The media coverage of this needs to seriously get its act together. Some analysis is in order, rather than simple, mindless reporting of polls indicating that "American Catholics" think one thing and the endless stories reporting on parishioners' determination that their priests with abusive pasts stay in place. What is this all about? I'd venture that it's about the ease with which we affirm propositions in the abstract and then run like mad from their practical application when it personally impacts us.

We're all for higher educational standards - unless it's our kid that gets the bad grade. Then we're in the teacher's or principal's office within an hour, trying to negotiate, whining about our kids' future and maybe even threatening a lawsuit.

We're all (a lot of us, at least) quick to say we're "against" abortion - until its us, our daughter or our girlfriend with the unexpected pregnancy.

And we're all for getting the nasty molesting priests out of ministry - unless the priest in question confounds our stereotypes, and turns out not to be the outwardly slimey obvious creep we expected, and is, instead, our very own gregarious, lively Father Love-My-Parish.

So what's it to be then? Can we make up our minds?

47 comments on the death penalty entry below?

Quite a debate going on there...

So, where'd we go?

Up to Ann Arbor and Detroit, that's where. Why? Well, we'd never been to Ann Arbor, it's fairly close (an important consideration for parents of a 14-month old - and Joseph cooperated by sleeping most of the way up and back) and we wanted to go to the Detroit Institute of the Arts.

By way of introduction - we know someone who moved from Ann Arbor to Fort Wayne, stayed a short time, and then moved back. Couldn't take it. We never understood why - until we actually went to Ann Arbor. Not that it's Shangri-La or anything. We were there during the summer, and even then, the Michigan campus struck me as cramped and traffic a challenge. I can't imagine what it must be like when the regular school year's in session. And it has more than its fair share of student ghetto area - far more extensive than the comparable area in Knoxville, for example. But...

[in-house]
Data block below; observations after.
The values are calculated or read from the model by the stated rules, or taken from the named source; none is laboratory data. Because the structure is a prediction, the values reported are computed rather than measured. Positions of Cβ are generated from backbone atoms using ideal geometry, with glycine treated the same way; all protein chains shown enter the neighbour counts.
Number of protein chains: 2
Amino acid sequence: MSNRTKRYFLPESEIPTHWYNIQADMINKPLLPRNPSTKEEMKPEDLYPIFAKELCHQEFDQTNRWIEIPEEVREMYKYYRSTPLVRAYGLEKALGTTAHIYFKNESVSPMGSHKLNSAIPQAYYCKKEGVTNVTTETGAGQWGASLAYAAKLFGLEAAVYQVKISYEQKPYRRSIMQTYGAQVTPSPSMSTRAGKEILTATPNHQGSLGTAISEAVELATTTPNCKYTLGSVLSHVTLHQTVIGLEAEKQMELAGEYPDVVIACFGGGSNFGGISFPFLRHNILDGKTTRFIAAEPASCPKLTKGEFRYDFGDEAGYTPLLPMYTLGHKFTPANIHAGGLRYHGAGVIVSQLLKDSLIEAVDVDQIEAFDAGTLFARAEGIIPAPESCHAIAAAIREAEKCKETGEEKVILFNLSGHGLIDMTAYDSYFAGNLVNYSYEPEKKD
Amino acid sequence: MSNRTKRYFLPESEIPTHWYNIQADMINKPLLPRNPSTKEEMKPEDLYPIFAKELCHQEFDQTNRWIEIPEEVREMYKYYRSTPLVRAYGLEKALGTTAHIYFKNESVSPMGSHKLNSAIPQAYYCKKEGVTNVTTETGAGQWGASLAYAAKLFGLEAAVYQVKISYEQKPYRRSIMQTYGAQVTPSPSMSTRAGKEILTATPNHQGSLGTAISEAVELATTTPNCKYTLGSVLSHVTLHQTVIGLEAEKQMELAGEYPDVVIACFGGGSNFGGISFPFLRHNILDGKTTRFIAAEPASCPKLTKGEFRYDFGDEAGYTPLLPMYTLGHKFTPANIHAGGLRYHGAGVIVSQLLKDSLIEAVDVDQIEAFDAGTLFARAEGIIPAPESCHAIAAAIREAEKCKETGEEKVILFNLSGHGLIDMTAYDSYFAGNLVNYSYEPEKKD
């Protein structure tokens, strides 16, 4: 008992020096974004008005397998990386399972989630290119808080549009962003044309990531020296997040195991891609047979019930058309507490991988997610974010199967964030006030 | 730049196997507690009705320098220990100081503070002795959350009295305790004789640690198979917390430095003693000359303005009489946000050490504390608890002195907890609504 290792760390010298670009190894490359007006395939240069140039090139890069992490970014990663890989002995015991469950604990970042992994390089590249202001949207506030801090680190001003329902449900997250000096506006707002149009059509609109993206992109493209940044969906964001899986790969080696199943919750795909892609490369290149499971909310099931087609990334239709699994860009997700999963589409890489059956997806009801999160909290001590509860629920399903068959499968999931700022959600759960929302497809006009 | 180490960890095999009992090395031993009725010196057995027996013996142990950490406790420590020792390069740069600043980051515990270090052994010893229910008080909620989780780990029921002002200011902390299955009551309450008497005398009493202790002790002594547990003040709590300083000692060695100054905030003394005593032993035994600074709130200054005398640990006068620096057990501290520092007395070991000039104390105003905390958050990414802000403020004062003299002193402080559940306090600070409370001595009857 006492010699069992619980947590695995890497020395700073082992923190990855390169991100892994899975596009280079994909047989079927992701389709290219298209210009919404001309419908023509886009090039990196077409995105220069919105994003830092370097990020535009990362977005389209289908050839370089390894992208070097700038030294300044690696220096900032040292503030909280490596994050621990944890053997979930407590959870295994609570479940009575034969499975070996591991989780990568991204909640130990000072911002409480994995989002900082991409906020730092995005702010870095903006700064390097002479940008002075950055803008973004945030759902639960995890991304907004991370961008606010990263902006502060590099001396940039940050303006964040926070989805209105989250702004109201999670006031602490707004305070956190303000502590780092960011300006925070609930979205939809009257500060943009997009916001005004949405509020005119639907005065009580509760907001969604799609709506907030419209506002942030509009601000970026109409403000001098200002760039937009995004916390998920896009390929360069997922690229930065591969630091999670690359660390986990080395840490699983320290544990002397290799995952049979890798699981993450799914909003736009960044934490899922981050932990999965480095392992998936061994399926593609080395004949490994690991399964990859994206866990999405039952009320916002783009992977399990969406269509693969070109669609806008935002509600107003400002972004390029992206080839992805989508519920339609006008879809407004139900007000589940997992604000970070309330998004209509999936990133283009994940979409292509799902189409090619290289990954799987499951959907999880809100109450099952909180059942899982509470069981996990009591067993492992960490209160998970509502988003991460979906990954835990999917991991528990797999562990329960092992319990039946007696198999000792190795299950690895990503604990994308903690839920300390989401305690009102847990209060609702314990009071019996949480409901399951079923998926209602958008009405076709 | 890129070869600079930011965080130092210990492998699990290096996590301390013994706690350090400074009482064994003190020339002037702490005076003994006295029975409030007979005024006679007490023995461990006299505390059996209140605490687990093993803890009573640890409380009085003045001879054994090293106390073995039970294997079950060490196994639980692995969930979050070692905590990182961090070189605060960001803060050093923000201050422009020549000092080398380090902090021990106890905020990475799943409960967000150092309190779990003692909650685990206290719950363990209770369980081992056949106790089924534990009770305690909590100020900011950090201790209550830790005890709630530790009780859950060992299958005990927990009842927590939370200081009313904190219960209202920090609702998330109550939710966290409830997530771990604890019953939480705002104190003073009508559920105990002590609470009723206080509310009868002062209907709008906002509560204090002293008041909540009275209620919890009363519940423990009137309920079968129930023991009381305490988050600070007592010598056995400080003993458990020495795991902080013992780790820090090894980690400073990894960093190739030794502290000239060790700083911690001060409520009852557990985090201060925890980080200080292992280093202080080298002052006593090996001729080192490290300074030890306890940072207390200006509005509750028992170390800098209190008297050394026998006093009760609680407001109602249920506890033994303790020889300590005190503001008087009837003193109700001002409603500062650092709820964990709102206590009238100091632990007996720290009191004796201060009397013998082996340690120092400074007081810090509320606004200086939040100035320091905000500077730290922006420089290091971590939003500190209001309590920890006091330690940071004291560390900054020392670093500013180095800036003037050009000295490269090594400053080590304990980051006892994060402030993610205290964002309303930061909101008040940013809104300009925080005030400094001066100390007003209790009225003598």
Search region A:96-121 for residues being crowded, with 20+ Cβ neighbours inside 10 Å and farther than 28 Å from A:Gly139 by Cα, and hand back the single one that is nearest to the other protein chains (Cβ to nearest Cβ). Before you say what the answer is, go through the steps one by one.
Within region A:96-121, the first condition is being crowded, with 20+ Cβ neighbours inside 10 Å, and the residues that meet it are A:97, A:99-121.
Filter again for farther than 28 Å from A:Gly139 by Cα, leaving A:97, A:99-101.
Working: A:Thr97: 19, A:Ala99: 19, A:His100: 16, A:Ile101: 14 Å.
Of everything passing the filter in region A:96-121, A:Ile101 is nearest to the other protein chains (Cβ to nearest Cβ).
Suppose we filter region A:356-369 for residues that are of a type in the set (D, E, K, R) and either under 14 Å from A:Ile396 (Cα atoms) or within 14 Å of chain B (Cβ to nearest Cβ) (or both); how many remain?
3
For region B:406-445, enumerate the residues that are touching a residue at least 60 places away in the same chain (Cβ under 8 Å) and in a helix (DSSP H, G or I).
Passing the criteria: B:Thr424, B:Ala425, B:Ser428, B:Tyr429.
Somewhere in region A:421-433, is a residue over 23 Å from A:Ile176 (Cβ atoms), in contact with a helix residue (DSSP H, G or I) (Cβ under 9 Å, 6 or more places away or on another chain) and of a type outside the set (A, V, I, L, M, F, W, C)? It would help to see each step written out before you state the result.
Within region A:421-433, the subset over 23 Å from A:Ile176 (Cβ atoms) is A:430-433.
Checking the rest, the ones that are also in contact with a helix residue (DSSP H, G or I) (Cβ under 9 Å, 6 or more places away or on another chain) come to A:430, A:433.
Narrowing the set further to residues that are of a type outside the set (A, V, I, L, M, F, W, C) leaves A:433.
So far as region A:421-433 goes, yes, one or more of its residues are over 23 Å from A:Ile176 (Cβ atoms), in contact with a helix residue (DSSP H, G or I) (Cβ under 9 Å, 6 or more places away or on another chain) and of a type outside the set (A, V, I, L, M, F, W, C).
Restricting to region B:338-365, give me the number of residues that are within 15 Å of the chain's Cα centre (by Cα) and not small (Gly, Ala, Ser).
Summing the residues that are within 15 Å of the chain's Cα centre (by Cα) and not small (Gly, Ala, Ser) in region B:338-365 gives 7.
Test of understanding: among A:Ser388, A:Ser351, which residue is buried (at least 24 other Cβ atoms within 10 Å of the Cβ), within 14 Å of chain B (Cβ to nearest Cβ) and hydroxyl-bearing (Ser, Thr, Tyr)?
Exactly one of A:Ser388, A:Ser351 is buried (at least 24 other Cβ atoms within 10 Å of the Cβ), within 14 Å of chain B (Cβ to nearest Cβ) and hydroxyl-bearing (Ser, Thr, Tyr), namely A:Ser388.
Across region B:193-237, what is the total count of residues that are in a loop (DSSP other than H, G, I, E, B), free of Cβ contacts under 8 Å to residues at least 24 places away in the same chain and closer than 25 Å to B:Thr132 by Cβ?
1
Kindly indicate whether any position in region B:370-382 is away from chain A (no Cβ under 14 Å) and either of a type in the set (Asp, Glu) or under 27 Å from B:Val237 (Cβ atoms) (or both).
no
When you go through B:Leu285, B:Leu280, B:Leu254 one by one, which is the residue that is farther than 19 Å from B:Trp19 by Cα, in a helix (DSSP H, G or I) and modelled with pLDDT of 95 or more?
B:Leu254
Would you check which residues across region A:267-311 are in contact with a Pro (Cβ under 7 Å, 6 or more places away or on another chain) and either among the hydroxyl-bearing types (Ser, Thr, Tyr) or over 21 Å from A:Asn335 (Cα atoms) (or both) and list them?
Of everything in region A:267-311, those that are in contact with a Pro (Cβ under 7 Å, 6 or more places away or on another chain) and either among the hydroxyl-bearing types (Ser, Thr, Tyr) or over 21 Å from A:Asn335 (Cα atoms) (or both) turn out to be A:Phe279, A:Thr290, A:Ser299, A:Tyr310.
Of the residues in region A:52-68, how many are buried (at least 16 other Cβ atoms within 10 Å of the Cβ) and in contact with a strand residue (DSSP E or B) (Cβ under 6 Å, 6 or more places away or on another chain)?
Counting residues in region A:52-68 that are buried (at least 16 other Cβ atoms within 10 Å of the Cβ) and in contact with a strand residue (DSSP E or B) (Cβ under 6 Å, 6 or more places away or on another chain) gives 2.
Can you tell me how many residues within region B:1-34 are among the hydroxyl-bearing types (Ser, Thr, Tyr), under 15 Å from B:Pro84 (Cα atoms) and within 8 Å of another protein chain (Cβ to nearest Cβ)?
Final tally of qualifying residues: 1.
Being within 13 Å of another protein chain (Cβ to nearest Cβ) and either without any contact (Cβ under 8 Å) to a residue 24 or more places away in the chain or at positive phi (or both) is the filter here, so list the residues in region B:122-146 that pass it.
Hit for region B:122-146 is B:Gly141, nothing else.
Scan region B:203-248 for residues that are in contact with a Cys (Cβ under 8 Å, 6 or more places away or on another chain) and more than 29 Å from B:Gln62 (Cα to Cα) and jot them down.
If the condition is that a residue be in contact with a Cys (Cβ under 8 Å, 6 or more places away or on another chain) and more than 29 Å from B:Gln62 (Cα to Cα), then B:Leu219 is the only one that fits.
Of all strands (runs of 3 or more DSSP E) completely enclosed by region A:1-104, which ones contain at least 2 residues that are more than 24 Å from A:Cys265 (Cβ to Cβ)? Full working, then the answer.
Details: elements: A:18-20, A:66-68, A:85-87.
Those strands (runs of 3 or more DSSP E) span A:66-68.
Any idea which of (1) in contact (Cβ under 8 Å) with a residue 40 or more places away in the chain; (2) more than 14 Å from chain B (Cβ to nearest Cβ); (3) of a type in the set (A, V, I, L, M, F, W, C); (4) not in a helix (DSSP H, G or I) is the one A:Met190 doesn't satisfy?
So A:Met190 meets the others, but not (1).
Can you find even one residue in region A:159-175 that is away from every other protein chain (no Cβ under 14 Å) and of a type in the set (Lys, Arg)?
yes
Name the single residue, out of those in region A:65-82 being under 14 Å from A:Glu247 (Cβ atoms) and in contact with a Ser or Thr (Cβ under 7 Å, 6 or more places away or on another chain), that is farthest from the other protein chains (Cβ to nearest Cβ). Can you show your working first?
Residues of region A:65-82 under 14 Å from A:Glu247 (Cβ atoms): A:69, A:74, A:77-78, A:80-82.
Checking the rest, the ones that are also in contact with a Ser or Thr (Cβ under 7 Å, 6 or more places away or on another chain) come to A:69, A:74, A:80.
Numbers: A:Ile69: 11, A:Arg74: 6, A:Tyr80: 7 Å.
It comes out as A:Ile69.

The cultural activities are broad, wide and seemingly unending. And (somehow this turned into a major focus), there are some really excellent restaurants. We had us some good meals. Sitting outside, in the downtown on summer evenings - a civilized, rather wonderful way to eat, which you just don't find here. We spent a lot of time trying to figure out why Fort Wayne's downtown is such a dud and why the restaurant scene here is so (relatively) bad. We didn't come up with any answers.

I'm a little too distracted today to give a thorough account of the weekend - it's not that interesting, anyway. But a few notes:

Best meals: (for me) a pretty perfect Orange Cajun Chicken at a place called Zydeco and a wonderful Shrimp in Black Bean Sauce here.

Wandered around Domino's Farm - the headquarters of, naturally enough, Domino's Pizza and much of Tom Monaghan's Catholic activities. (Monaghan sold most of his interest in Domino's several years ago) It was interesting to see the place and think about Monaghan's recent flap with the Ann Arbor city government about a 25-story cross he wanted to construct on the property. They wouldn't let him. Religious discrimination? Probably not. It's clear that Ann Arbor has a very strict sign ordinance - it seems as if signs can't be higher than about a foot off the ground. I exaggerate, but what's true is that the signs in Ann Arbor are so low as to be invisible and a real pain if you're trying to look for something. A 25-story cross wouldn't exactly mesh into the general look of the place.

Went to the Solanus Casey center in Detroit, saw that his coffin is still basically sitting in the open air - in a plexiglass box, but largely open to the elements, nonetheless. Very strange. They're supposed to finish the center in October. The Detroit Institute of the Arts is vast, and has much interesting art. Unfortunately, several wings - including American art were closed, as they're doing an expansion. They're hosting a big Degas exhibition starting in October, so maybe we'll try to go back and take Katie to that. Michael will undoubtedly provide more details once he gets settled this morning, but I'll end by telling you about my Outrage of the Weekend:

On Sunday, we attended Mass at this parish, which was your typical super-busy Catholic mega-parish, all construction, expansion and "ministries." Fine. It made me tired to even go to Mass there, but fine for those that are nourished by that.